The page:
Astronomers have detected the collective glow from the universe's first stars, providing the first direct observation of a class of stars that hasn't existed for billions of years.
The earliest generation of stars, called population III, formed a few hundred million years after the big bang out of gas that was essentially only hydrogen and helium. Simulations have shown that the lack of heavier elements such as carbon and oxygen required these first stars to be huge--more than 100 times the mass of our sun. Such behemoths would have burned brighter than 10,000 typical modern stars, but only for a few million years. When they died, their ashes seeded the next generation of stars.
Now, astrophysicist Alexander Kashlinsky of Goddard Space Flight Center in Greenbelt, Maryland, and colleagues have found what they believe is a signature of these stars in infrared data from the Spitzer Space Telescope. The scientists analyzed the pattern of light in three small patches of sky, subtracting light from known stars and galaxies and accounting for dust in our own galaxy and solar system. Scattered throughout these patches, the astronomers found several bright spots, which appear to be imprints from the dawn of starlight, the authors conclude 3 November in Nature.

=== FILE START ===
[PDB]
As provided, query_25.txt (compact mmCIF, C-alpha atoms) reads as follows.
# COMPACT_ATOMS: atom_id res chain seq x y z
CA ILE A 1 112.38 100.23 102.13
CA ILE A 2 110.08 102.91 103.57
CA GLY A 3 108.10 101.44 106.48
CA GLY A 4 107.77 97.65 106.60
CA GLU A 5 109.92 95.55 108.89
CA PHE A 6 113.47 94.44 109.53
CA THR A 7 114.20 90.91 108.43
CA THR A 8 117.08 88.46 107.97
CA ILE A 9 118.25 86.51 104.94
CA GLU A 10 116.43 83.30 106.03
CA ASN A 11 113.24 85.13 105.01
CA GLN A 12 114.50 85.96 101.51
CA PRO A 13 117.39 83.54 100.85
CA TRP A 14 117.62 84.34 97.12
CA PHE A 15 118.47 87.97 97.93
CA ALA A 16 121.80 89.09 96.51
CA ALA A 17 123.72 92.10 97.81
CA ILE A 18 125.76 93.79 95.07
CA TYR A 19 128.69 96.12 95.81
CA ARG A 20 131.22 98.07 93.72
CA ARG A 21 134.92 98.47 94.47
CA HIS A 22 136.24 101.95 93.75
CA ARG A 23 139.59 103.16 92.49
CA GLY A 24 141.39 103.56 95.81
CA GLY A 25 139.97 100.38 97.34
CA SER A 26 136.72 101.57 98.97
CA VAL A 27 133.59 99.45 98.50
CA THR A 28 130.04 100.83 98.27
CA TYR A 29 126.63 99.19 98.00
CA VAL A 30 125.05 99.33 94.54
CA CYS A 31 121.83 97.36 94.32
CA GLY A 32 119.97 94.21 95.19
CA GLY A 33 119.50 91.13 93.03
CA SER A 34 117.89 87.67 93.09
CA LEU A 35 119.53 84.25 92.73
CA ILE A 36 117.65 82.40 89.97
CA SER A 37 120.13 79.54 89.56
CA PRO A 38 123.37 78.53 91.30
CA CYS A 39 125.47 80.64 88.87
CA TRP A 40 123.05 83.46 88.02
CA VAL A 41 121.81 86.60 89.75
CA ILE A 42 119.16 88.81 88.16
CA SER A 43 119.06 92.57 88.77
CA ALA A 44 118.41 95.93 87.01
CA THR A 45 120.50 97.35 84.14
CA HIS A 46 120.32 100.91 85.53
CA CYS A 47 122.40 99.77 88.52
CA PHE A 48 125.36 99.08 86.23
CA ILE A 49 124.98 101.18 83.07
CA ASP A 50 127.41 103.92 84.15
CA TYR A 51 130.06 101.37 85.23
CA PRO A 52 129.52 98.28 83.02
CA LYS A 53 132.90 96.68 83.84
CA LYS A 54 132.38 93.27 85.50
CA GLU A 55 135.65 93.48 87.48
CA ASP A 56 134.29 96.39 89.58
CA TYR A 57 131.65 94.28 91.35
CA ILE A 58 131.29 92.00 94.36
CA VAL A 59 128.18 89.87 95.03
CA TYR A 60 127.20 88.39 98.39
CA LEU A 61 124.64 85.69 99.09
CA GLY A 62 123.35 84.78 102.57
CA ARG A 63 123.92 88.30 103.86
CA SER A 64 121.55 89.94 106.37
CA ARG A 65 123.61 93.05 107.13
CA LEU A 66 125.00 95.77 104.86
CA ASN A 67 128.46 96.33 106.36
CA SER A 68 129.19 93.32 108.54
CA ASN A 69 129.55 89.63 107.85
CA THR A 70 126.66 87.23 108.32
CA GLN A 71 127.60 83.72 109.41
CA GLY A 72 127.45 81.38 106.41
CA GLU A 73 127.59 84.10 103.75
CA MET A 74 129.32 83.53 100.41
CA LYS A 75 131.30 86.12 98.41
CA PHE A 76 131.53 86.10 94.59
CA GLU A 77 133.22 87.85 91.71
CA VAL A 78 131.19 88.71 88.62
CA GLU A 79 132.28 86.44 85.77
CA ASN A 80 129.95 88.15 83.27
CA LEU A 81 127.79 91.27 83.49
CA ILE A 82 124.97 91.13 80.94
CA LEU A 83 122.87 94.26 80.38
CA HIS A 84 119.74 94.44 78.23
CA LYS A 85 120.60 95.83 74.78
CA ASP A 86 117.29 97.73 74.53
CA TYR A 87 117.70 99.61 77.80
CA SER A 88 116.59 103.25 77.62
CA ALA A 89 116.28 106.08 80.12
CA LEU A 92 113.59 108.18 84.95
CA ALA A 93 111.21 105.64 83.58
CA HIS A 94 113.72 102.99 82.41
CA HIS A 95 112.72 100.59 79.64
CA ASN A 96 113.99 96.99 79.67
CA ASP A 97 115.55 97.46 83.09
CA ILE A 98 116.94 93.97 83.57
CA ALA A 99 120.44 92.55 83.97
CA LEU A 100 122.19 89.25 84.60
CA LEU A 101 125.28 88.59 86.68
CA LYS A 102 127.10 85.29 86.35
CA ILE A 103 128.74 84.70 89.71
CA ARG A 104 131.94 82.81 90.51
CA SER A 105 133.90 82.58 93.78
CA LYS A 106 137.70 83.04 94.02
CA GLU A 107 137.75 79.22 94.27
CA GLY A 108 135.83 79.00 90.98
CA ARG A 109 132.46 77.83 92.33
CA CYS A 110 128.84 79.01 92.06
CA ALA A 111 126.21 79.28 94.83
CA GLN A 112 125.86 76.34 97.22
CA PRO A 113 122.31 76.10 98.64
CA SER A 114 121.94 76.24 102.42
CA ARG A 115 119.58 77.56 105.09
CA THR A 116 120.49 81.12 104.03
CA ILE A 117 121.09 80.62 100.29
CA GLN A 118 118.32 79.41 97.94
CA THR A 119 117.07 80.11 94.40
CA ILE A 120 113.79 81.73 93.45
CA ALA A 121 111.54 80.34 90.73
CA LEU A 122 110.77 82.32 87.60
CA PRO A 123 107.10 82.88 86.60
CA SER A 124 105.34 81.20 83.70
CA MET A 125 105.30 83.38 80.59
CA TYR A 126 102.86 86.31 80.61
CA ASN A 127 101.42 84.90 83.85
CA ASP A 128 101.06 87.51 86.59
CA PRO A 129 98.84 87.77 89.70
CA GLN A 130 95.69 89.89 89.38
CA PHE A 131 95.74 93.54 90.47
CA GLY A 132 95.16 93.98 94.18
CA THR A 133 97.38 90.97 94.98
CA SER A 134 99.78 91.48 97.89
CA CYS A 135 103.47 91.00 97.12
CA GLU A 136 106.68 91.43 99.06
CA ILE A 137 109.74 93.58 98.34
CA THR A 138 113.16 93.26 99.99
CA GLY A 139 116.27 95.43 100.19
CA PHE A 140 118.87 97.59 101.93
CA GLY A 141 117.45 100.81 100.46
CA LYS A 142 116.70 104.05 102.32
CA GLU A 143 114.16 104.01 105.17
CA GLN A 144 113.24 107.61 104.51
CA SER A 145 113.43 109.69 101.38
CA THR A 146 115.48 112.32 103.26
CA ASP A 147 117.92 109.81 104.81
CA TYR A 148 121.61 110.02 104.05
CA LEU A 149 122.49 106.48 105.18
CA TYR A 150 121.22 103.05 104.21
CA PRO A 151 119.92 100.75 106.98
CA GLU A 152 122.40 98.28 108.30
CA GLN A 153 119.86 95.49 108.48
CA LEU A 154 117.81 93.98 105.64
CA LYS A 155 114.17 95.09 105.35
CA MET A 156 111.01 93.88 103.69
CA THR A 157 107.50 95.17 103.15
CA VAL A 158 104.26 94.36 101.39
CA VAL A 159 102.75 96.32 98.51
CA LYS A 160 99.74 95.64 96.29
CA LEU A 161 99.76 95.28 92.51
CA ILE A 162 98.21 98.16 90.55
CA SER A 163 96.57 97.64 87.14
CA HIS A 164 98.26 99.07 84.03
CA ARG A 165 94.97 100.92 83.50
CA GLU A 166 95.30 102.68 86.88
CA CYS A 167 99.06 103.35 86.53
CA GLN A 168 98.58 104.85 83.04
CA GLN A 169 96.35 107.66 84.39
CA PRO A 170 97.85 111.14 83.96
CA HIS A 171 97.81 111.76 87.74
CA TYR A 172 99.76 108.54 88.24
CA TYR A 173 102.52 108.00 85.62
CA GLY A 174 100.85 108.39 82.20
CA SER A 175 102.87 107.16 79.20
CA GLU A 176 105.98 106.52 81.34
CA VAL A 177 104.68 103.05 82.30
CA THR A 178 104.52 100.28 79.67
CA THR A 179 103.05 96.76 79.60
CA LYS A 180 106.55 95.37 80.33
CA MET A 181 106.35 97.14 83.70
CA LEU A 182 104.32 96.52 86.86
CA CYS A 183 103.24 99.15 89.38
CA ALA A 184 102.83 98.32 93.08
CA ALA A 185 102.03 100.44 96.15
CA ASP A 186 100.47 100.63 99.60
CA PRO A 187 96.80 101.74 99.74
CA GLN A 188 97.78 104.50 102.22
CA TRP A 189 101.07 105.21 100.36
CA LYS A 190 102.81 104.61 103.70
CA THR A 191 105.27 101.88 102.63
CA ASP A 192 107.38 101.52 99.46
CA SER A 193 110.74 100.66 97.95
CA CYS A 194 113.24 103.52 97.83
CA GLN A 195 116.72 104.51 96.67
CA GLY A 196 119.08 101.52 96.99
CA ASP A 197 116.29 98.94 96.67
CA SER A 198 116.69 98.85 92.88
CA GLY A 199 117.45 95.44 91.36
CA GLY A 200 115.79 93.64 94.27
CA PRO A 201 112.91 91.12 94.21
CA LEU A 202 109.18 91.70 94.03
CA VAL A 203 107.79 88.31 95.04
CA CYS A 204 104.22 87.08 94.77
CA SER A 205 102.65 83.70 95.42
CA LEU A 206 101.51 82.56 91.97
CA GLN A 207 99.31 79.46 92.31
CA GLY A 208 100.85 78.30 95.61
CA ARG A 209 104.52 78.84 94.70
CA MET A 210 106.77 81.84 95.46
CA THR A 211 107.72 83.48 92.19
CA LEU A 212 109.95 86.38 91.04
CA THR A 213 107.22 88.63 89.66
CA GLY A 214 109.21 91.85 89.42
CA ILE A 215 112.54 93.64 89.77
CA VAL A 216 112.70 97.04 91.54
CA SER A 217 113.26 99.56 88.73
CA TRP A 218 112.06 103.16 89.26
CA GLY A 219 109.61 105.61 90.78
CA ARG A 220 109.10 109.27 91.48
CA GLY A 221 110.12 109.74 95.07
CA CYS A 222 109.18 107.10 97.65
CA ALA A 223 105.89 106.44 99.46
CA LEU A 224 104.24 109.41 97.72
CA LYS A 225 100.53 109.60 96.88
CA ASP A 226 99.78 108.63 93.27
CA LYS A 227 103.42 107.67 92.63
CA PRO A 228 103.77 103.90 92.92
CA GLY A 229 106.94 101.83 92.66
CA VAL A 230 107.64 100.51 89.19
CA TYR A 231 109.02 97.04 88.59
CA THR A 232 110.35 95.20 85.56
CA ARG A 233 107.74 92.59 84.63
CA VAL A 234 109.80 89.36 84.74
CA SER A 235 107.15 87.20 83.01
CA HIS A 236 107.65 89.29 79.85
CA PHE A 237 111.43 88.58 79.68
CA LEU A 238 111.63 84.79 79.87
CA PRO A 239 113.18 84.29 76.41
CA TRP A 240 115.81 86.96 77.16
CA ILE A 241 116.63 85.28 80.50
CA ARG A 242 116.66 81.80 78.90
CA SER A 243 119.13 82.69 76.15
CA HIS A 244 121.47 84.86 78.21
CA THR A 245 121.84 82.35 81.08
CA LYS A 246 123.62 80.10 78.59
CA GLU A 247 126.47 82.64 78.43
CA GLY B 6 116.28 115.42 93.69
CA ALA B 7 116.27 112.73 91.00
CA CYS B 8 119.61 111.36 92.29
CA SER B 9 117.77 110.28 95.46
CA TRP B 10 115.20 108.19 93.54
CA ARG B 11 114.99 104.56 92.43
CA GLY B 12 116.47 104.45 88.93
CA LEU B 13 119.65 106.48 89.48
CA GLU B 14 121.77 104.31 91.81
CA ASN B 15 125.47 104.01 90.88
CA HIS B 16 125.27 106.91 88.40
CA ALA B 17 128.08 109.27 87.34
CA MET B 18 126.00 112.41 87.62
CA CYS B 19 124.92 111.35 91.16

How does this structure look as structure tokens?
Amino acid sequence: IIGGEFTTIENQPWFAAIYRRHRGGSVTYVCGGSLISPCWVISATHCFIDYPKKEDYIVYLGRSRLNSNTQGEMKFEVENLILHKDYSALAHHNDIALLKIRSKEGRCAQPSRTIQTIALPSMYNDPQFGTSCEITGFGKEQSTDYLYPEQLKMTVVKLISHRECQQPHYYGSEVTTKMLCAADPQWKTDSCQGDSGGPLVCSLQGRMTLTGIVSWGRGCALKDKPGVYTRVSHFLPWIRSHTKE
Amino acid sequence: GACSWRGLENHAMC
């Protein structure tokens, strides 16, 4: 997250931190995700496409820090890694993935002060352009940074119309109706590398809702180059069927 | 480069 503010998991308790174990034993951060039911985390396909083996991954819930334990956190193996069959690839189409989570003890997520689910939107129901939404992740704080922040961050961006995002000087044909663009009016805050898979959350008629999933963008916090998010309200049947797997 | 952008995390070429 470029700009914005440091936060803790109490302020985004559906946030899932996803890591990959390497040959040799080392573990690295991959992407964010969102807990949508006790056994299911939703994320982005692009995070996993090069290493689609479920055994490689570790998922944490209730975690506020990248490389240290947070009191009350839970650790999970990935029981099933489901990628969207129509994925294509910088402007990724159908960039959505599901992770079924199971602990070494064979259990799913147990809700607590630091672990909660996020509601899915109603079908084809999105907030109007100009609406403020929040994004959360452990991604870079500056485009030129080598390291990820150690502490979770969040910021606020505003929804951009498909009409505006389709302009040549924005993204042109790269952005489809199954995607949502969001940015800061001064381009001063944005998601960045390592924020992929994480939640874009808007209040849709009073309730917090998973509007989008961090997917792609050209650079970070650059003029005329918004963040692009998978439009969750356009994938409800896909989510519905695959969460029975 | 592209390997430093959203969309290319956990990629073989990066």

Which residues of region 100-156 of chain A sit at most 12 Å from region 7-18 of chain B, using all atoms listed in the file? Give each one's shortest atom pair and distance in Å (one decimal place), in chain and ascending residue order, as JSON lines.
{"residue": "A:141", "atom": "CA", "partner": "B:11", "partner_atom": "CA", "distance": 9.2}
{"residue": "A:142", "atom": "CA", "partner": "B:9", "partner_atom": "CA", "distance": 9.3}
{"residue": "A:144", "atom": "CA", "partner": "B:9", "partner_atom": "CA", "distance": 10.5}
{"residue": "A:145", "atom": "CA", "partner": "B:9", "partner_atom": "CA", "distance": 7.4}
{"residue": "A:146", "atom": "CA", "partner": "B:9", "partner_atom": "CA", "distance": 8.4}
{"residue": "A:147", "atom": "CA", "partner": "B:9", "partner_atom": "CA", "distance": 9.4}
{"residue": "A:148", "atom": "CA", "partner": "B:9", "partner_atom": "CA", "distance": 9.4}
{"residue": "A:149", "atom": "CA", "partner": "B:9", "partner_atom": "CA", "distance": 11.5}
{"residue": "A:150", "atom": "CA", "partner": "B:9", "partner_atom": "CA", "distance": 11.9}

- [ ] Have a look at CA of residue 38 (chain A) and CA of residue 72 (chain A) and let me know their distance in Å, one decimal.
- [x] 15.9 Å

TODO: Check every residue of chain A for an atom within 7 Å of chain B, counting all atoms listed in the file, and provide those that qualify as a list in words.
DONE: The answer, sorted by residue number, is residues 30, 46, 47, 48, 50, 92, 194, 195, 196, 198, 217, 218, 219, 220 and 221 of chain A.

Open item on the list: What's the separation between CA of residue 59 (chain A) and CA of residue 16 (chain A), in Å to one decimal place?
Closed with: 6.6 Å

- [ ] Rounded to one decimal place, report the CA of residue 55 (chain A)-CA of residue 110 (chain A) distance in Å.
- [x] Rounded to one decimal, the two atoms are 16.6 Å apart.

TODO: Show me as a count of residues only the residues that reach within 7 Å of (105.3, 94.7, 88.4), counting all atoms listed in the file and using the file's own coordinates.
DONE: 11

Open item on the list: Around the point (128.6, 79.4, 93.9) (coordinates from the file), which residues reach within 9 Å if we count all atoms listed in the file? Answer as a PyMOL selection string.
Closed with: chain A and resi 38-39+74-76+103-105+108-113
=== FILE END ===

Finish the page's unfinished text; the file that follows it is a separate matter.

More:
The bright clumps are not individual stars, which are too small to be seen, but regions of increased gas density. Just as tall mountains are more likely to be found in a mountain range, stars are more likely to be found in these denser places in space, Kashlinsky explains. However, these clumps could be confused with clusters of faint galaxies not detected by Spitzer, cautions astronomer Richard Ellis of the California Institute of Technology in Pasadena. Still, he believes the researchers make a reasonable argument that the spots are too bright to be anything but light from the first stars.
The fact that astronomers have not observed minigalaxies of population III stars in other surveys concerns Andrea Ferrara of SISSA/International School for Advanced Studies in Trieste, Italy. But Ellis notes that the first stars may have signed off well before galaxy formation--timing that will need to be confirmed by future observations.